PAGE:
Family business

Governance is firmly on the agenda for Middle East family offices

Governance is firmly on the agenda for Middle East family offices
Governance is becoming an increasingly crucial factor in the development of family offices across the Middle East with the adoption of even stronger practices in this area, reports Nina Auchoybur.
By Nina Auchoybur

The trigger for the growing focus on governance is a swathe of local and international regulatory, tax and law changes. But the wider impact is being felt in the increasing professionalisation of operations along with moves to simplify structures and a greater openness to diversification and non-traditional investment strategies.

It’s good news for the family office sector in the region, as the long-term adoption of stricter governance standards will help ensure the sustainability, stability and success of family operations.

However, in the short-term, it means families are having to assess their current situation regarding local and international assets, investments and businesses. That process is bringing long-standing issues to the fore, which require immediate attention and change.

That is a challenge to the traditional approach in the Middle East where family offices often operate within a single decision-maker structure, which in many cases can lead to a conservative mindset focused on maintaining the business legacy and core values. Nevertheless, legal, tax and regulatory developments mean in many cases that the traditional approach may be outdated and could necessitate change.


New laws mean a new approach
The sector is having to come to terms with a wide range of legal, tax and regulatory developments which bring challenges as well as opportunities. On the local front, the Kingdom of Saudi Arabia’s new companies’ law is prompting family businesses to reassess their global holding structures and local structures in the Kingdom.

The new law has been designed to modernise and simplify the corporate code, increase flexibility and attract inward investment which should be beneficial to family offices, as well as the wider economy. It specifically supports the incentivisation of talent within companies, leading to the potential growth of employee incentive schemes and improved management practices.

Similarly, changes in United Arab Emirates’ (UAE) corporate tax and the implementation of Global Minimum Standards are having an impact on family businesses' tax planning strategies.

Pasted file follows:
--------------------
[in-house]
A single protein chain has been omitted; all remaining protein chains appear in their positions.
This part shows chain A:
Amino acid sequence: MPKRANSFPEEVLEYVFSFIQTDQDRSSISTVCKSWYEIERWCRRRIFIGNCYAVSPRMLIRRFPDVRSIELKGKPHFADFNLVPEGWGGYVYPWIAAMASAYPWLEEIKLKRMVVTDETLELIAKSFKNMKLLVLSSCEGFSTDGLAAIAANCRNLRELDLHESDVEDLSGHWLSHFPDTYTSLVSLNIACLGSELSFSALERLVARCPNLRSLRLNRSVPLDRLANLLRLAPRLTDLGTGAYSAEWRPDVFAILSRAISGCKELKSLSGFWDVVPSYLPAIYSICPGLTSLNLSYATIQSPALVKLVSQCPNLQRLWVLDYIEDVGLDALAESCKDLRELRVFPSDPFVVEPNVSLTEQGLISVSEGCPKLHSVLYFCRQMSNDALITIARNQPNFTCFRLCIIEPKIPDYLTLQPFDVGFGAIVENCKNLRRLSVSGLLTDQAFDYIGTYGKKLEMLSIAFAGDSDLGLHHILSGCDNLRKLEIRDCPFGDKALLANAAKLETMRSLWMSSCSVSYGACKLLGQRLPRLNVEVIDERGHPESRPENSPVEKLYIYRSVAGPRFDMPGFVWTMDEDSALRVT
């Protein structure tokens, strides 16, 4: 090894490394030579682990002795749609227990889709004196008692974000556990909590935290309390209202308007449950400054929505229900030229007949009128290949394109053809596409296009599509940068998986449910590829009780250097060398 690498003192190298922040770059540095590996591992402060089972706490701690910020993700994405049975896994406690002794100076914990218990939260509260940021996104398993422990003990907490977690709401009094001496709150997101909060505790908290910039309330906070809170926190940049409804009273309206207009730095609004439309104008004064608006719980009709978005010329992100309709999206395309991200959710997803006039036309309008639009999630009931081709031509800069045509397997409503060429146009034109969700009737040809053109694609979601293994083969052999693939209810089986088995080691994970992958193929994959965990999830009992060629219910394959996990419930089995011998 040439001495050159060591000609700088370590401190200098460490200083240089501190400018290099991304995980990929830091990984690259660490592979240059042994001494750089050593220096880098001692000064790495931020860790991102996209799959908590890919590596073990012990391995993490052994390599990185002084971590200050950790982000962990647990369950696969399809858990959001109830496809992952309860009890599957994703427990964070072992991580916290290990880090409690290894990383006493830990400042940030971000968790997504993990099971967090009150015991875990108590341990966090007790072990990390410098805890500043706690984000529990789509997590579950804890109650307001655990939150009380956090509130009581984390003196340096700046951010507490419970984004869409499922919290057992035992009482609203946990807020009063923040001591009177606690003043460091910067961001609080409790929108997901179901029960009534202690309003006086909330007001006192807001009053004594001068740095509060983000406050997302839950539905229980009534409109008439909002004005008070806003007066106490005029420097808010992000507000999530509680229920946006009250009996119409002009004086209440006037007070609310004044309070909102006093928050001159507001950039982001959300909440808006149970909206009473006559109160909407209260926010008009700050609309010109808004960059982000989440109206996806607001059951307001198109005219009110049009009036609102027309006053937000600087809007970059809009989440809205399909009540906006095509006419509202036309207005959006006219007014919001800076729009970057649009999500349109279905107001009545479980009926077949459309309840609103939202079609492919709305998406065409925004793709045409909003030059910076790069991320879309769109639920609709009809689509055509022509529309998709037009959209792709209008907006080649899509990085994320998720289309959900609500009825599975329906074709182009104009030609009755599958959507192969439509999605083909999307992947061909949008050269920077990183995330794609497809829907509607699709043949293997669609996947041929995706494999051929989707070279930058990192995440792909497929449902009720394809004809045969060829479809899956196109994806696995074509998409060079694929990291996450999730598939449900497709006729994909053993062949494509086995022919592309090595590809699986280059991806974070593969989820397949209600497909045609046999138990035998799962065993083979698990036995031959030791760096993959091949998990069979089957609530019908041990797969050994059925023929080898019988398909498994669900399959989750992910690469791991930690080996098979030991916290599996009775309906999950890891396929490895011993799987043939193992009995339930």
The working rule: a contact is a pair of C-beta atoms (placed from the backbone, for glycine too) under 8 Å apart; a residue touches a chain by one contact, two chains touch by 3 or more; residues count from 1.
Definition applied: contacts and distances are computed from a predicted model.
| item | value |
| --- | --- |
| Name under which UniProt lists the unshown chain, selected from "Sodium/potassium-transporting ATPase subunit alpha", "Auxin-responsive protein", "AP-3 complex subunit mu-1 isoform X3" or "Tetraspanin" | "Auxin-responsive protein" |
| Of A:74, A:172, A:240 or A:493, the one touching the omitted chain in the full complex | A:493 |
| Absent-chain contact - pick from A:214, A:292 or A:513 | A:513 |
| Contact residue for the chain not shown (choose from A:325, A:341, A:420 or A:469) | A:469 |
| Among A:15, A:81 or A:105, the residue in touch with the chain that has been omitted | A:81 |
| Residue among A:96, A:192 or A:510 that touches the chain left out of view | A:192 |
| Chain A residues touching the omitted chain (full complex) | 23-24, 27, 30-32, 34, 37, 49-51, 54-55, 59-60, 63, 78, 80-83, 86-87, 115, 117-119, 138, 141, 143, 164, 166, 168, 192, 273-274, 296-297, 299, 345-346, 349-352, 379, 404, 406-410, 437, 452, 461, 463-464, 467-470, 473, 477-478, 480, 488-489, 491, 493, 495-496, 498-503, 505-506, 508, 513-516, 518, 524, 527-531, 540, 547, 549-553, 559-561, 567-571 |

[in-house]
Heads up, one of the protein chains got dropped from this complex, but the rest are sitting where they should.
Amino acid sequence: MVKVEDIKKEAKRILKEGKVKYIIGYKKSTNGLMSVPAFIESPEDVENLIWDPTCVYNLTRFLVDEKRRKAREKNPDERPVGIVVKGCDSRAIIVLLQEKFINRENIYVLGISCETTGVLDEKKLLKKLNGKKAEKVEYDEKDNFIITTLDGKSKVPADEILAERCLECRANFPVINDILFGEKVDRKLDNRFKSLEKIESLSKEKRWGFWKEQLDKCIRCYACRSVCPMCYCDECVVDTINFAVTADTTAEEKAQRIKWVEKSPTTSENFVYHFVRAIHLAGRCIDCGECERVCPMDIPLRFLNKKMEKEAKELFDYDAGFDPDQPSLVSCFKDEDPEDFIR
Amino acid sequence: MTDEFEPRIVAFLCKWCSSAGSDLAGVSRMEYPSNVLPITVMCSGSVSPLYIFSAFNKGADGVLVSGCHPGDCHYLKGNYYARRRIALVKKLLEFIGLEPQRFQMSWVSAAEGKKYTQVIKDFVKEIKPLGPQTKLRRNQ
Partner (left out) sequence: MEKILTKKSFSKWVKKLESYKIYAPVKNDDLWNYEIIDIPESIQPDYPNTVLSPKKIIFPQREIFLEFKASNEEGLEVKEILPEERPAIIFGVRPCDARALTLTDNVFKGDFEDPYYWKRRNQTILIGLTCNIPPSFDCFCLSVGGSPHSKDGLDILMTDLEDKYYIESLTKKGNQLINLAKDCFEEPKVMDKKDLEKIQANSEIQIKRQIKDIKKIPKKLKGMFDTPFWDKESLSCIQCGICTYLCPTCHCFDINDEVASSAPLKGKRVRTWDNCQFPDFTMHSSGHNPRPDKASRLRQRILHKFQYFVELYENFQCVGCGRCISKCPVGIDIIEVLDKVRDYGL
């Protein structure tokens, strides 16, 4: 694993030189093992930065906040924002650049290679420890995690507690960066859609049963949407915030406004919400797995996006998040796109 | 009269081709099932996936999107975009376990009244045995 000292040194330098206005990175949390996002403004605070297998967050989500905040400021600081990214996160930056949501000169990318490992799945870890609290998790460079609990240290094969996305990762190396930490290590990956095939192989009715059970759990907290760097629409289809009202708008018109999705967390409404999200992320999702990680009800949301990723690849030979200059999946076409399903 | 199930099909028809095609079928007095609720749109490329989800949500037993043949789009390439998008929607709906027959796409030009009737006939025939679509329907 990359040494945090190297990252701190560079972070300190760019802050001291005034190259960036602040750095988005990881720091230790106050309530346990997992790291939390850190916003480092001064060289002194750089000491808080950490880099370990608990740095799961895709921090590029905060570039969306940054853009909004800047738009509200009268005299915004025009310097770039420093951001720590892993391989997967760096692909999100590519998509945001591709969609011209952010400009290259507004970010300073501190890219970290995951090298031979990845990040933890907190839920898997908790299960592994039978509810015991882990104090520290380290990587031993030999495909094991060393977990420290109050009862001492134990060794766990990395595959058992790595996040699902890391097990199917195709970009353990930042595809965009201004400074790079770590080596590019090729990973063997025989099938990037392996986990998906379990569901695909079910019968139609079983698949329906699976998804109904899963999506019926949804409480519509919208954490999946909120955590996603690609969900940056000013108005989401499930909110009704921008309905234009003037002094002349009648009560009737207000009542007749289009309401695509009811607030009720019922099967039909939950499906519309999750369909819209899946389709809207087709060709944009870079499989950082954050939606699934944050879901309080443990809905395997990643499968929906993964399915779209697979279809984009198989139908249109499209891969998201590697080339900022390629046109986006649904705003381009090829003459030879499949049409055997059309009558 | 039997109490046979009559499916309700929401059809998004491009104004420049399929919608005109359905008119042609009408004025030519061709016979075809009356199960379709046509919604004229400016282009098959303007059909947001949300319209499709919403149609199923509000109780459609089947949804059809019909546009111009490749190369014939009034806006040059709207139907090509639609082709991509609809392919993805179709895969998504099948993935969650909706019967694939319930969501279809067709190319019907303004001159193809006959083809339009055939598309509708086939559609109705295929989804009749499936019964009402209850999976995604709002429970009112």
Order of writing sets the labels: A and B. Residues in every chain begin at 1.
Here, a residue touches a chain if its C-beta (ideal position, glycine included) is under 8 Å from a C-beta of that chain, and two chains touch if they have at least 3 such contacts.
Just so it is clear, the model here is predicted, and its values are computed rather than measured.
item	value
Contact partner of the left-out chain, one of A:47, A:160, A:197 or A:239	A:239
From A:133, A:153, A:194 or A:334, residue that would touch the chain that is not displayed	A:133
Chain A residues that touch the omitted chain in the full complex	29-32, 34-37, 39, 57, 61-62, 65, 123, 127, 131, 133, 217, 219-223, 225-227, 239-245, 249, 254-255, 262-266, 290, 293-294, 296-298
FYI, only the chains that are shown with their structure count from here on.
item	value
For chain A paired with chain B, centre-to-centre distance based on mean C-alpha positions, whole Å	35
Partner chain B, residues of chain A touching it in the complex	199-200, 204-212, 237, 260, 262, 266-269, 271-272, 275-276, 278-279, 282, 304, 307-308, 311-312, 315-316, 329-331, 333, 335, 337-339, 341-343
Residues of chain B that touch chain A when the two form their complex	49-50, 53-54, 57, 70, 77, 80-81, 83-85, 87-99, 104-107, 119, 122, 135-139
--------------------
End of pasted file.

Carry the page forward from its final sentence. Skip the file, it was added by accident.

There are other global initiatives to take into account including Pillar 2, BEPS (Base Erosion and Profit Shifting), global minimum taxation and amendments to the Proceeds of Crime legislation. All of these developments turn the spotlight on transparency and compliance requiring families to adapt their structures to meet regulatory requirements.

Demand for a new approach is rising
Family offices across the Middle East are restructuring and diversifying in response to the international regulatory, tax and law changes. According to Ocorian - a global leader in fund administration, capital markets, corporate and fiduciary research – there is strong growth in demand across the Middle East in general and the UAE in particular for services supporting family offices.

Ocorian reports having seen significant families deciding to onboard with them and a major emphasis on governance with one family working with the firm to develop a governance structure on a par with FTSE-100 or FTSE-250 companies.


The new approach in practice
Family offices across the region are increasingly separating business and personal assets, both domestically and internationally, as well as reducing complex layers of special purpose vehicles (SPVs) in multi-jurisdictional structures.

Businesses in the region are looking to diversify their local investments by making more use of UAE Foundations, which is demonstrated by the surge in popularity of the Foundations since legislation was first introduced in 2017. The number has risen steadily each year since inception jumping from 600 in 2022 to nearly 1,000 this year.

When it comes to international investments, family offices are using new institutional-style structures, such as Private Funds and Cell Companies, to optimise their investment strategies. Some institutional and family-owned structures are migrating to top-tier jurisdictions like Jersey and Guernsey due to concerns over reputation and their ability to attract joint venture investors, and access financial services.

How family offices in the region can adapt
Families in the region considering setting up family offices should make use of the expertise of qualified lawyers and financial advisers. They need to decide between becoming a fully-fledged or virtual family office and consider incorporating holding entities or foundations.

Where family members and assets are based is a key consideration influencing the decision on the location of the family office and how it is managed. 

Increasingly, family offices are looking for support in setting up and running family offices, as well as with structuring their wealth. They require support on collaborating with managers, including those based in Europe and the US, who are seeking investors. This link is important as it involves professionalising the family office and aligning with the requirements of international co-investors or managers.

Stronger governance is changing the way family offices in the region operate and will continue to shape the development of the sector. The increasing involvement of third and fourth-generation family members means it is essential.

Nina Auchoybur is Managing Director, United Arab Emirates at Ocorian.

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